Topics of coins
Lesser horseshoe bat
The lesser horseshoe bat (Rhinolophus hipposideros) belongs to the
family of horseshoe bats (Rhinolophidae). Scientists distinguish only one,
sizeable genus (Rhinolophus) within the horseshoe bat family. Currently,
the genus consists of 77 species, five of which inhabit Europe. The
geographical range of the lesser horseshoe bat covers the area from the
Iberian Peninsula in Europe to Kashmir in Asia. The species also inhabits
North Africa. It lives in uplands and lower regions of mountain areas.
In Europe, the most numerous population of the lesser horseshoe bat
lives in the Mediterranean Sea area. The northernmost sites have been
reported in Western Ireland. In Poland, the habitat of the lesser horseshoe
bat covers the Kraków-Częstochowa Highland, the Polish Carpathian
mountains (excluding the Tatras) and the Polish Sudety mountains.
Single specimens have been spotted in Podkarpacie and Śląsk Opolski
area. The most numerous population inhabits the Beskidy mountains.
The lesser horseshoe bat (average weight: 4-8 grams) is one of the smallest bats living in Poland. Its fur is soft and fluffy, light brown or greyand- brown on the dorsal side; the bat's ventral fur is paler and greyish. Juveniles are coloured darker than adult bats. The lesser horseshoe bat has wide and short wings, which are grey and brown in colour. There is also a larger horseshoe bat (average weight: 19-30 grams) in the Polish fauna. It is much bigger and can be found very rarely.
The lesser horseshoe bat's nose is covered with a fleshy growth; its part, surrounding the bat's nostrils, is called a horseshoe - hence the name of the bats. The lesser horseshoe bats send echolocation signals of a frequency of 108-114 kHz through their nostrils, and the flap of skin around the nose helps intensify and direct the signals. The horseshoe bats are able to move their ears, and ear movements are synchronised with the echolocation signal emission.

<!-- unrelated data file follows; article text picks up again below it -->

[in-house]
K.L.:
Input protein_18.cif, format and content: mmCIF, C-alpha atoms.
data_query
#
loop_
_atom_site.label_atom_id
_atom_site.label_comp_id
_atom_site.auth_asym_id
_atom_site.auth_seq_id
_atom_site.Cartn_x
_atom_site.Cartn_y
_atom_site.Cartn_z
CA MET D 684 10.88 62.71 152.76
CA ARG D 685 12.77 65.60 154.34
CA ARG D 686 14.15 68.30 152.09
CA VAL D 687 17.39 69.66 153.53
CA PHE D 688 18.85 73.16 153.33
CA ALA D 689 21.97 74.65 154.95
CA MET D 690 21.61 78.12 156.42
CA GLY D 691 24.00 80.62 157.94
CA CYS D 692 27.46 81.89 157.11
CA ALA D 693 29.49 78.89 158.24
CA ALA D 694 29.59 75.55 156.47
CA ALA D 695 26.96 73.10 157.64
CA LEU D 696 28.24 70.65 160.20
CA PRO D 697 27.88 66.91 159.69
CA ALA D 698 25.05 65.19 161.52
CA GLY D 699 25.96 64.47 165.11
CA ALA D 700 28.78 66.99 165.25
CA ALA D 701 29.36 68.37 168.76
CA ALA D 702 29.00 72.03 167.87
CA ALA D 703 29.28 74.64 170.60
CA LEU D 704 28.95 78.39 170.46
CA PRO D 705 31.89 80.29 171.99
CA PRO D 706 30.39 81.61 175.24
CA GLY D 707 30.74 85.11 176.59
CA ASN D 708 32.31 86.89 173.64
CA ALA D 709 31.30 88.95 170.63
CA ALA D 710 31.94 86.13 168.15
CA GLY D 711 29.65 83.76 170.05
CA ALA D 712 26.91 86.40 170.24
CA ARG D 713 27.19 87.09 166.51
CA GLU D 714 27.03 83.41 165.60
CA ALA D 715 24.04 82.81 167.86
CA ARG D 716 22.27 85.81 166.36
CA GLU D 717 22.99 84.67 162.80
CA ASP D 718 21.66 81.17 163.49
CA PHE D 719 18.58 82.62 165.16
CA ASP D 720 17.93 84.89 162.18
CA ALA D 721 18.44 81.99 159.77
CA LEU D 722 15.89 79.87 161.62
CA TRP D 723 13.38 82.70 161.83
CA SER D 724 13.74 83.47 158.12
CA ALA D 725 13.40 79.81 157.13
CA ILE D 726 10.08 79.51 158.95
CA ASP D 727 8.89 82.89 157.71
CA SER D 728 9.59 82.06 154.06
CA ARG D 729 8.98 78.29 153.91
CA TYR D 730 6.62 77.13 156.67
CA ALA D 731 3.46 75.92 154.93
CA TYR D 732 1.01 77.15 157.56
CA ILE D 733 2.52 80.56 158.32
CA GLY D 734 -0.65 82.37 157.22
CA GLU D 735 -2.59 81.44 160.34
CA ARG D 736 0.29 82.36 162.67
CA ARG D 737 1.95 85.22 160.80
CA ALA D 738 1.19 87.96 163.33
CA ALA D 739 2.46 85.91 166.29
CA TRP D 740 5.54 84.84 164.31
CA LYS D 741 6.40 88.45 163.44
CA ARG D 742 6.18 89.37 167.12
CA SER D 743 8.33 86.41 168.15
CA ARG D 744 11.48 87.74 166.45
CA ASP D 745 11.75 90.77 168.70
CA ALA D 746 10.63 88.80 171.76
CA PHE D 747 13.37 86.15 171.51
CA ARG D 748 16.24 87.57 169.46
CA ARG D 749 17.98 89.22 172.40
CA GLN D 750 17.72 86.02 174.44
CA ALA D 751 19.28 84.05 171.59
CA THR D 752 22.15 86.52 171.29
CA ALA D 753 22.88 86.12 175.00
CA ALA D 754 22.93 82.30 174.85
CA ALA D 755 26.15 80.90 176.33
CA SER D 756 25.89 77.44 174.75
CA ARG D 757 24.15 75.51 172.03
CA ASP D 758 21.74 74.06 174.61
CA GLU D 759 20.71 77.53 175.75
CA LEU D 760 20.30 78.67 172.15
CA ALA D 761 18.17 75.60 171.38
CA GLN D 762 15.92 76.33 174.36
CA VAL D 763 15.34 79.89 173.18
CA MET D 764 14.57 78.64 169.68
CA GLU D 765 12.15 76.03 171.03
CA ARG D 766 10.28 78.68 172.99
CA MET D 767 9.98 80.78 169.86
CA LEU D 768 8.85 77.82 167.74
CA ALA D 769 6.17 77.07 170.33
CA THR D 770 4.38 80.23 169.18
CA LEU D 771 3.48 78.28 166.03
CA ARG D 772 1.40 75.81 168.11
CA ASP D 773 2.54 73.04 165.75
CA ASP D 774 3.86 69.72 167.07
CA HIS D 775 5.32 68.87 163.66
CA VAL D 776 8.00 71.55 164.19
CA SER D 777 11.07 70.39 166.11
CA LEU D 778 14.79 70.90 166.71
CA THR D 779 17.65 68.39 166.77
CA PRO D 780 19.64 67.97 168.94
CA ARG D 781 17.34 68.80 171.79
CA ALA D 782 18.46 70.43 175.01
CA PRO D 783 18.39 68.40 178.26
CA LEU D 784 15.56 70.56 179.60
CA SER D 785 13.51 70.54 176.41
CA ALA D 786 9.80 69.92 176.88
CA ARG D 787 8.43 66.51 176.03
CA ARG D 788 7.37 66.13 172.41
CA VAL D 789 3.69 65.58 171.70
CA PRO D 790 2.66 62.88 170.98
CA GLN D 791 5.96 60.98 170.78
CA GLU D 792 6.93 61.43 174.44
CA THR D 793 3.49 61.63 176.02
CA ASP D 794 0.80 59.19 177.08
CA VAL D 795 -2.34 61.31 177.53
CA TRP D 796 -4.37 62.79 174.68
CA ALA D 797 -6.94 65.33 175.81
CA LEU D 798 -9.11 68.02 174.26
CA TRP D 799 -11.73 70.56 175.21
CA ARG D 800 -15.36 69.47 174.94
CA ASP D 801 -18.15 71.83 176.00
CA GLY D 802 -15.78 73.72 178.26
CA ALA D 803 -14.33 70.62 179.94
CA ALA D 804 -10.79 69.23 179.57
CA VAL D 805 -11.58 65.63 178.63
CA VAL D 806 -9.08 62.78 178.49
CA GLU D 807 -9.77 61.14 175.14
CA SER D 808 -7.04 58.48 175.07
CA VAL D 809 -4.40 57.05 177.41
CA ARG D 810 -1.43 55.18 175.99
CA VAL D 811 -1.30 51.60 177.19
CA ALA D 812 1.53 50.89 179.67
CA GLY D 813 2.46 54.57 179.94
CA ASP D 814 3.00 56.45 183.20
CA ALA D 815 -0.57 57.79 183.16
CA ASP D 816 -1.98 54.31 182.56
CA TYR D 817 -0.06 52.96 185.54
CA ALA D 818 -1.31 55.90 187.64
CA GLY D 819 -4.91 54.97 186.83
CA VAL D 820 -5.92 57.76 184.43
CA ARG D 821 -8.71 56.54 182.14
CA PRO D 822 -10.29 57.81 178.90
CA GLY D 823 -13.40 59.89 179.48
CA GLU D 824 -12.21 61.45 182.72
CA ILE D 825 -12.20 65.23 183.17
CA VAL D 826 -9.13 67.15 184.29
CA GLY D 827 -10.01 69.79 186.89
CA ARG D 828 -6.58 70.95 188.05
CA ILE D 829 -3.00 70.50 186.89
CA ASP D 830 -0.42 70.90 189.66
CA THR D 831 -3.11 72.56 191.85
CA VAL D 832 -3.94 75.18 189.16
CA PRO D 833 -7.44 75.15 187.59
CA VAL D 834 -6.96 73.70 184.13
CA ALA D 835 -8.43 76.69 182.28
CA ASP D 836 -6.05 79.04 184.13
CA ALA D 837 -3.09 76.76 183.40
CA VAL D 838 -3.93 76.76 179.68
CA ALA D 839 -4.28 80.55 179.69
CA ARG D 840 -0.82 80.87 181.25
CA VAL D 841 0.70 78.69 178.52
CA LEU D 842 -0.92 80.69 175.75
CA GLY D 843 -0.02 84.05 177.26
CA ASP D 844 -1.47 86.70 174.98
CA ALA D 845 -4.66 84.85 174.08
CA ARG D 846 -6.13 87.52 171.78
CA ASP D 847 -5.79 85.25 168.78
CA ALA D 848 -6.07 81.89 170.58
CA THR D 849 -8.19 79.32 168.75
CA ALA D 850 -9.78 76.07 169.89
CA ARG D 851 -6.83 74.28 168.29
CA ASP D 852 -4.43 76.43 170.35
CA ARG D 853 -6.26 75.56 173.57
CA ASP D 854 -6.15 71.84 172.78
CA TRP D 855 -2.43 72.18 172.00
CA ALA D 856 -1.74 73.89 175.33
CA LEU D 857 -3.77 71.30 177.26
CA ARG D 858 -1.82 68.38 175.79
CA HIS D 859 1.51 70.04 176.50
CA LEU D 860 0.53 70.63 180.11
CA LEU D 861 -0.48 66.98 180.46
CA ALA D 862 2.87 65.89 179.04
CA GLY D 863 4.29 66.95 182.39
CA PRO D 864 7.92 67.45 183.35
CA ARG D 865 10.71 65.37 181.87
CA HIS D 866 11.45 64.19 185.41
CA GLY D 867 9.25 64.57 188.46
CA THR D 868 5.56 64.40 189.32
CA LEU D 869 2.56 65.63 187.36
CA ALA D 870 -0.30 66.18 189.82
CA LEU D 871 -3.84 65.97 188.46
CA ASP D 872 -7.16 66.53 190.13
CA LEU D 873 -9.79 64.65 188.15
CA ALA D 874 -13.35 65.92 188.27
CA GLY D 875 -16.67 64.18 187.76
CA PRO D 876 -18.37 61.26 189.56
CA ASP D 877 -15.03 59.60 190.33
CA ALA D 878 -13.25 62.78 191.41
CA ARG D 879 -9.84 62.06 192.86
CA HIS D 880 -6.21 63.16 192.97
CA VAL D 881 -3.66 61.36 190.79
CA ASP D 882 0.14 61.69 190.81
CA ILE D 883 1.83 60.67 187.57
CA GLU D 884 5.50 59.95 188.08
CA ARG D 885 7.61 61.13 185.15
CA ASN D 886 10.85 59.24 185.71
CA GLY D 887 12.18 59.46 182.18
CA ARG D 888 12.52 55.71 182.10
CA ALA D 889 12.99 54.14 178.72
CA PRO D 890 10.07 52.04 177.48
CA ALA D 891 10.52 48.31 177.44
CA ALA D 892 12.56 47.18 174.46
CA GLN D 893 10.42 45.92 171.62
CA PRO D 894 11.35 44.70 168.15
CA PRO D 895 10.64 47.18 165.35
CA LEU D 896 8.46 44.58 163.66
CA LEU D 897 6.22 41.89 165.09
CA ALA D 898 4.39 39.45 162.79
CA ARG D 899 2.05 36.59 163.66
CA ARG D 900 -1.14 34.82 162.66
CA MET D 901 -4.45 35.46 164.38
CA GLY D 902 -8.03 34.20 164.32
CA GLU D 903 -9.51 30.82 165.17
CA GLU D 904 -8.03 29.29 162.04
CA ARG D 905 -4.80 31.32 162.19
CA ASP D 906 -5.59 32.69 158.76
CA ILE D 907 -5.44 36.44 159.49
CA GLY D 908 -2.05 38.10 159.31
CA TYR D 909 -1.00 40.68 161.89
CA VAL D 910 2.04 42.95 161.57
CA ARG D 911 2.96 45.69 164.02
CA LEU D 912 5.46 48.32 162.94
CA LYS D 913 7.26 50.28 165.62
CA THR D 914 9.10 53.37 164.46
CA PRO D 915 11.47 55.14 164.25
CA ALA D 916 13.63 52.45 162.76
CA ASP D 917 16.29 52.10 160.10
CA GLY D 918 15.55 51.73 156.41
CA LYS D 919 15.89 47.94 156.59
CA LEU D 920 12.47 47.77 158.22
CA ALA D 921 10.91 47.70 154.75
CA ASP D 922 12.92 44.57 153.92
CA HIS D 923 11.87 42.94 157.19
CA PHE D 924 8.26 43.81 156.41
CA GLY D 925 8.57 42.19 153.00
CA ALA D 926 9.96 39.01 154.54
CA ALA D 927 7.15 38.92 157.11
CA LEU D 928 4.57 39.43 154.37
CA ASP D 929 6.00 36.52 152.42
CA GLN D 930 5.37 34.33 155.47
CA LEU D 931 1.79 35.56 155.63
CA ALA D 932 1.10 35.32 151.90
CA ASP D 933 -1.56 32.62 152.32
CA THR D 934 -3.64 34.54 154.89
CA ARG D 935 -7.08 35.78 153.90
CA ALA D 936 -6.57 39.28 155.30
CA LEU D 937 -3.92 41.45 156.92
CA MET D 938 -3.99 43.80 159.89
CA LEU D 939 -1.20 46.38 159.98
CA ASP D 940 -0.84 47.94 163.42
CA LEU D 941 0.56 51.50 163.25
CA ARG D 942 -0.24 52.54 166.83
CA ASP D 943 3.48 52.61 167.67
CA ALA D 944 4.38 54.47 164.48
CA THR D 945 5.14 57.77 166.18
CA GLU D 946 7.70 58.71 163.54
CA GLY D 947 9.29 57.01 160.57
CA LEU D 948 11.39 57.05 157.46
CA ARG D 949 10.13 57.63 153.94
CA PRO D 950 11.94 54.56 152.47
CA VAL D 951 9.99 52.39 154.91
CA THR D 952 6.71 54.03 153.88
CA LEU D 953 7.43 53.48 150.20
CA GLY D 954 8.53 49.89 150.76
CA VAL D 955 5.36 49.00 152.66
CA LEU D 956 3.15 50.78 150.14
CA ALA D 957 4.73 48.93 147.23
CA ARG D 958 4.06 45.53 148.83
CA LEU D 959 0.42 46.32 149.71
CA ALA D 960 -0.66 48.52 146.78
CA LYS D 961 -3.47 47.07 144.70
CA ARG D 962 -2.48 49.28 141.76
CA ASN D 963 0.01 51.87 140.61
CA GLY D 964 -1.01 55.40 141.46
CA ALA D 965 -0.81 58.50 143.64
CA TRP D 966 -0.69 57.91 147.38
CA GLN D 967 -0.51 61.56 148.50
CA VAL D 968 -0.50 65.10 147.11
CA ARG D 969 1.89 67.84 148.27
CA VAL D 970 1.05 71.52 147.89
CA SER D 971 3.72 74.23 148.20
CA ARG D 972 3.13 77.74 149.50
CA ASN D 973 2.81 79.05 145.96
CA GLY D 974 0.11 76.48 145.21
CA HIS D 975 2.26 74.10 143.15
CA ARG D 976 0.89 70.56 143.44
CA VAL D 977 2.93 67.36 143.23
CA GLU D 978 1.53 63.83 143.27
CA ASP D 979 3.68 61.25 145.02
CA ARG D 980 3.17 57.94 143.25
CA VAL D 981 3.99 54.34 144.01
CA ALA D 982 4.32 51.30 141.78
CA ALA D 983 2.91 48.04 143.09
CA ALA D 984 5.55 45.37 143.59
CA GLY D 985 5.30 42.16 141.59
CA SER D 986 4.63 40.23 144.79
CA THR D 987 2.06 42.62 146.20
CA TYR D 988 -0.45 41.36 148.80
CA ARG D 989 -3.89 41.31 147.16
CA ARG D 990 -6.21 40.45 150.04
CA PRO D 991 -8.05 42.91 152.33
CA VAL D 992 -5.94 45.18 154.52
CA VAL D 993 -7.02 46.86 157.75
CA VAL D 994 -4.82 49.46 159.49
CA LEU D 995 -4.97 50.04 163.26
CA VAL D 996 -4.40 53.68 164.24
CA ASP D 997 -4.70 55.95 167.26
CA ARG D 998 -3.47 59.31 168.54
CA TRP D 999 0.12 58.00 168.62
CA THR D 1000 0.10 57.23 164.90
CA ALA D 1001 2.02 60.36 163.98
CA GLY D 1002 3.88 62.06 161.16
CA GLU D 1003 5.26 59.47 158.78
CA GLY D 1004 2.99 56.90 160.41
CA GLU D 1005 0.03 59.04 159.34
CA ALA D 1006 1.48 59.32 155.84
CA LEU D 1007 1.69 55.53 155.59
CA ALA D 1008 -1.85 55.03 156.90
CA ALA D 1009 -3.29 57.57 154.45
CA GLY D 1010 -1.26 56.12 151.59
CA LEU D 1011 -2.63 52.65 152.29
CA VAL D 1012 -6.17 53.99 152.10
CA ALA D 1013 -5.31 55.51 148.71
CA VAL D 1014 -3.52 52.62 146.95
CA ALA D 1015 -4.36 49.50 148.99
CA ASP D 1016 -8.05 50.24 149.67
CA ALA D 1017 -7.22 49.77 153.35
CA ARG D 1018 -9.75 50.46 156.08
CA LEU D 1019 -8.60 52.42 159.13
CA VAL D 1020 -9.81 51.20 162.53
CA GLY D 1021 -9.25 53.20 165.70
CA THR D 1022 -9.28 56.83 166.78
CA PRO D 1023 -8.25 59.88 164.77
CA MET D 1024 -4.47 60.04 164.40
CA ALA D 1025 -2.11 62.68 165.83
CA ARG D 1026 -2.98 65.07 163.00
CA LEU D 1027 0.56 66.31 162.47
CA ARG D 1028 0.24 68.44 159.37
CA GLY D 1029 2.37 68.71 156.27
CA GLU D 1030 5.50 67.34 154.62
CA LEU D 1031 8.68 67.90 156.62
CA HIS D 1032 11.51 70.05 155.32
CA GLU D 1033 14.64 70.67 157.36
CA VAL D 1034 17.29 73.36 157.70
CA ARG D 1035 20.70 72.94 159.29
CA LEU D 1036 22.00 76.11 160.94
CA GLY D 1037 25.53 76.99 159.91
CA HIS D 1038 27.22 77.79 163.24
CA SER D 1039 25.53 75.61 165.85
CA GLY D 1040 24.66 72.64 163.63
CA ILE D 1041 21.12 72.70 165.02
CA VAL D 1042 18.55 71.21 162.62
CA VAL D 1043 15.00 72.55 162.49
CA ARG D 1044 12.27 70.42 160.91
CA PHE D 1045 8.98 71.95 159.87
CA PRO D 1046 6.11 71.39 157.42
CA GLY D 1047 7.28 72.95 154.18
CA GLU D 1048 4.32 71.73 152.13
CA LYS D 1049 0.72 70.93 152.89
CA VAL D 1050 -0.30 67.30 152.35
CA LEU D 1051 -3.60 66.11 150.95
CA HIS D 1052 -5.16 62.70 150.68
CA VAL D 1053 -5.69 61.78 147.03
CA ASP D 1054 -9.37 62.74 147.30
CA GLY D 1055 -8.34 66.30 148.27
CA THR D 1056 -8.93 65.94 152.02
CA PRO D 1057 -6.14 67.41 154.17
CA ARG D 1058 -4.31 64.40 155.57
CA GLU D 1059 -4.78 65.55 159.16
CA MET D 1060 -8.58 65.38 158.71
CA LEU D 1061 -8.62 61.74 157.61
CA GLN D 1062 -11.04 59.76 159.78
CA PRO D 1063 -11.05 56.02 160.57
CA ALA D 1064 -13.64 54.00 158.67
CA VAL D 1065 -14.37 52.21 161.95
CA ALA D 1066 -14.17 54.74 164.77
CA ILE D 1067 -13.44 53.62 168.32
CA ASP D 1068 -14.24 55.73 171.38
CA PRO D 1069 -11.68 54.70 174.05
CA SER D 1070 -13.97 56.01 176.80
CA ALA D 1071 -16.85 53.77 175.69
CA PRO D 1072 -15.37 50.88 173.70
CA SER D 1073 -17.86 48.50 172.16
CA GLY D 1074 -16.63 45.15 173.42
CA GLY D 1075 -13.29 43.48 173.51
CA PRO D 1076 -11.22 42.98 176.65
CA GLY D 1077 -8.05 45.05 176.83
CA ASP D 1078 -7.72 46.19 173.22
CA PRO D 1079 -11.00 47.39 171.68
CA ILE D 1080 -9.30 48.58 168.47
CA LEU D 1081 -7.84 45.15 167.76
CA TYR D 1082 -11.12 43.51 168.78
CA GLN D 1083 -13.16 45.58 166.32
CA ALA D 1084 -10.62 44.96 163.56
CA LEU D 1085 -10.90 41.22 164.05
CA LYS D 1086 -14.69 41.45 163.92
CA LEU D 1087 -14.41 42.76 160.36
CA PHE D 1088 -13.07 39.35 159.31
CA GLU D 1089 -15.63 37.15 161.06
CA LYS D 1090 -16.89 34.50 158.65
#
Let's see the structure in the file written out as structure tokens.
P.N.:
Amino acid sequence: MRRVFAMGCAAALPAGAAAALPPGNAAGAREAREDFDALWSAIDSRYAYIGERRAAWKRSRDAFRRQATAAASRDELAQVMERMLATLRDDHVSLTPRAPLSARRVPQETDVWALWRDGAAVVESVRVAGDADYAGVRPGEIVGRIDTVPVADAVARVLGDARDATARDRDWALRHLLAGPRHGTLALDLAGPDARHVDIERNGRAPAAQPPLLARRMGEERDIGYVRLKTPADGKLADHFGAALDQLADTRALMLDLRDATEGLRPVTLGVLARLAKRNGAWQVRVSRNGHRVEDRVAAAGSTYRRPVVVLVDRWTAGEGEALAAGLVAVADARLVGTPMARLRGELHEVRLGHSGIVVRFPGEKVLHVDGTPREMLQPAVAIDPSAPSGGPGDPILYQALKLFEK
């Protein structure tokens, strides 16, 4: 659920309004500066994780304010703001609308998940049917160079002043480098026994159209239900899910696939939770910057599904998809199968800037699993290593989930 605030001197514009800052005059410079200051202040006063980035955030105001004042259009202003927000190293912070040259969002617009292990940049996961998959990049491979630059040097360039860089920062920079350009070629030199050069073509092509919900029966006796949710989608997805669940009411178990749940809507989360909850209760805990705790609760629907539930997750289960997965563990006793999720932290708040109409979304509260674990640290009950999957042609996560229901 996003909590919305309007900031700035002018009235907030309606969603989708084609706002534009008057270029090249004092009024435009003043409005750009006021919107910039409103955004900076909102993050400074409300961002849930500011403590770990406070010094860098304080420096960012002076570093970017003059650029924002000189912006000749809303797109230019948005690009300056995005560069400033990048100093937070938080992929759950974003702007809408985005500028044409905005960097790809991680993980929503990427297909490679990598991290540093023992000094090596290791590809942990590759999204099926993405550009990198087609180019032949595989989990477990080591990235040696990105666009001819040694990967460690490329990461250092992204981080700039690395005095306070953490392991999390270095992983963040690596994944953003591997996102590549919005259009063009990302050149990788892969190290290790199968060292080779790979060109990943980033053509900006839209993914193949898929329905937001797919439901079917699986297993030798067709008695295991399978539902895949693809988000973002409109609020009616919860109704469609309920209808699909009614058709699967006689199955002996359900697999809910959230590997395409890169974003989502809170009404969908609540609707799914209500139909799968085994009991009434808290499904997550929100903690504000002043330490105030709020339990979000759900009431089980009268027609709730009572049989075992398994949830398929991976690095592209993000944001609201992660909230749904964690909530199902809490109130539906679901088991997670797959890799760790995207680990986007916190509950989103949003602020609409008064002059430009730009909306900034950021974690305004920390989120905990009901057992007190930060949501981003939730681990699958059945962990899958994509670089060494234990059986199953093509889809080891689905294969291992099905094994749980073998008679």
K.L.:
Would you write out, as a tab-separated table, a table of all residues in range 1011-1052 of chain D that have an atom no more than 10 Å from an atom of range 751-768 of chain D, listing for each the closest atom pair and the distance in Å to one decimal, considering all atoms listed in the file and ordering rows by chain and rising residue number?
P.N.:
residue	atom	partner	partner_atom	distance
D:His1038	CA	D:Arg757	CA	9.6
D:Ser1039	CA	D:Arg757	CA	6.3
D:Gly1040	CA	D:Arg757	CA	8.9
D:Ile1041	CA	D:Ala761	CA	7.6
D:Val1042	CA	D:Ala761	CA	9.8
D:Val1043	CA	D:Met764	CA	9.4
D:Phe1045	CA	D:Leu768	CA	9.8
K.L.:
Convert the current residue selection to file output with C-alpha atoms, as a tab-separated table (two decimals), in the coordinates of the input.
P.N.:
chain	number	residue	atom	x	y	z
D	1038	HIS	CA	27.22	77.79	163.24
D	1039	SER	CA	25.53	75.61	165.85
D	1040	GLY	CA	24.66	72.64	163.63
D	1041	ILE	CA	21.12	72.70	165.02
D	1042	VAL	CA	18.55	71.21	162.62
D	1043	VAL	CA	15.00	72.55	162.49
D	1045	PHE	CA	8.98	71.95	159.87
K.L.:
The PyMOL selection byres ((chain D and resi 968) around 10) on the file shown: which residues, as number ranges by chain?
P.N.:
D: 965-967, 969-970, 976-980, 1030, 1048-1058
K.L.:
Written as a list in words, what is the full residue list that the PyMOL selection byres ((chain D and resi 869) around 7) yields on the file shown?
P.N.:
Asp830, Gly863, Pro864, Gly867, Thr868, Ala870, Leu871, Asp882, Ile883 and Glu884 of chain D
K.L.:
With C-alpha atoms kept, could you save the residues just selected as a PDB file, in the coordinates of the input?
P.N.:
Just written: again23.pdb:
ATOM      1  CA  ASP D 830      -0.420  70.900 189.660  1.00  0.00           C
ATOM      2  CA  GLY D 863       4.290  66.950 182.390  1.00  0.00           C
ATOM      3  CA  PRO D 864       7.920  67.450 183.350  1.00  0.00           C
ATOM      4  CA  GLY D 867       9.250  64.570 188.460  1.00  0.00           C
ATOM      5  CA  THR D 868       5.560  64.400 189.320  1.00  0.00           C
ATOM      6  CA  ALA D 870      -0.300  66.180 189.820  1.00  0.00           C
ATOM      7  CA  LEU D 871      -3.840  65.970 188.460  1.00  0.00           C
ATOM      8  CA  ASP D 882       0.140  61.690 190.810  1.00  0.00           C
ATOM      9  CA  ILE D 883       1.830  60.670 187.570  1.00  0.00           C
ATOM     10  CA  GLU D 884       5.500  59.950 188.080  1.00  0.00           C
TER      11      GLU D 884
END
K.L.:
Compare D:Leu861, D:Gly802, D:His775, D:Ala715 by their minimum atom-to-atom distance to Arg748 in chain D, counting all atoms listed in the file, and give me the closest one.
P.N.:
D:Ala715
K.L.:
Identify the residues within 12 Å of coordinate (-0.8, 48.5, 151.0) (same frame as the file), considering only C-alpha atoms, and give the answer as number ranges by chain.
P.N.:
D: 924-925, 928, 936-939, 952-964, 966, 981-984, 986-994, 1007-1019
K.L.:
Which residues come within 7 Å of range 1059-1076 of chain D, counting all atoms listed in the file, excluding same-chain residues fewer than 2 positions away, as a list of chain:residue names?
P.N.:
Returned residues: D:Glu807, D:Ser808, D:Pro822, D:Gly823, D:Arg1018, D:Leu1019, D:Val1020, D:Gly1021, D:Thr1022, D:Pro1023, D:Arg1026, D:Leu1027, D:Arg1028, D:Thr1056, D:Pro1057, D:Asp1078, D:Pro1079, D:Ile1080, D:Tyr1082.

The lesser horseshoe bat usually roosts in warm attics, mainly in churches, where it forms small colonies (usually consisting of 10-200 bats) - allowing an ideal nursery roost. In the past, the species roosted also in caves and fortifications. The horseshoe bat winters alone or in colonies, always at a distance from other individuals, wrapping wing membranes around its body. The bat's hibernacula include caves, disused mines, abandoned quarries or fortifications. The lesser horseshoe bat chooses rather warm places (6-9oC), where the relative air humidity is high. It is loyal to its roosts and uses them year after year.
The gestation period of the lesser horseshoe bat lasts approximately 75 days. Delivery of the young usually occurs between mid-June and mid- July. A female gives birth to one offspring which becomes self-sufficient after six to seven weeks. Representatives of the species attain sexual maturity in autumn at the beginning of the second year of their lives. In the natural habitat the lesser horseshoe bat's average life span is four to five years although its maximum life span is 29 years and 5 months.
The lesser horseshoe bat is a sedentary species, and it stays in the same area throughout the year. Its feeding areas include forests, orchards, parklands, tree-covered pastures and stony hillsides, invariably within the range of 2,5 km from its roost. The peak of the lesser horseshoe bat's hunting activity is in the early hours of the night. It shows preference for small insects (taxonomic orders of Diptera, Hymenoptera, Lepidoptera, Neuroptera, Coleoptera). It snatches them in mid-air or collects them from the surface of rocks, walls, leaves and tree trunks. Its flight is agile and resembles that of a butterfly. Young bats learn flying while clinging to their mothers.
On the European Red List, the lesser horseshoe bat has been classified as vulnerable (VU), i.e. considered to be facing a high risk of extinction. According to the Polish Red Data Book of Animals, the species is classified under EN category, i.e. endangered species. A dramatic decline in the population of horseshoe bats in Europe (in Poland, reaching over 90%) took place in 1950s-1980s. This came as a consequence of a widespread use of highly toxic pesticides, both in agriculture and forestry. Currently, the population of the lesser horseshoe bat appears to have reached a stable number, and showing an increase in some locations. Nevertheless, it remains a species highly in danger of extinction. The main threats to the existence of the lesser horseshoe bat are: human disturbance in the bat's hibernacula, decreasing number of nursery roosts (improperly conducted renovation of churches) as well fragmentation and loss of foraging habitats, mostly as a consequence of ill-planned infrastructure development.
Museum and the Institute of Zoology
Polish Academy of Sciences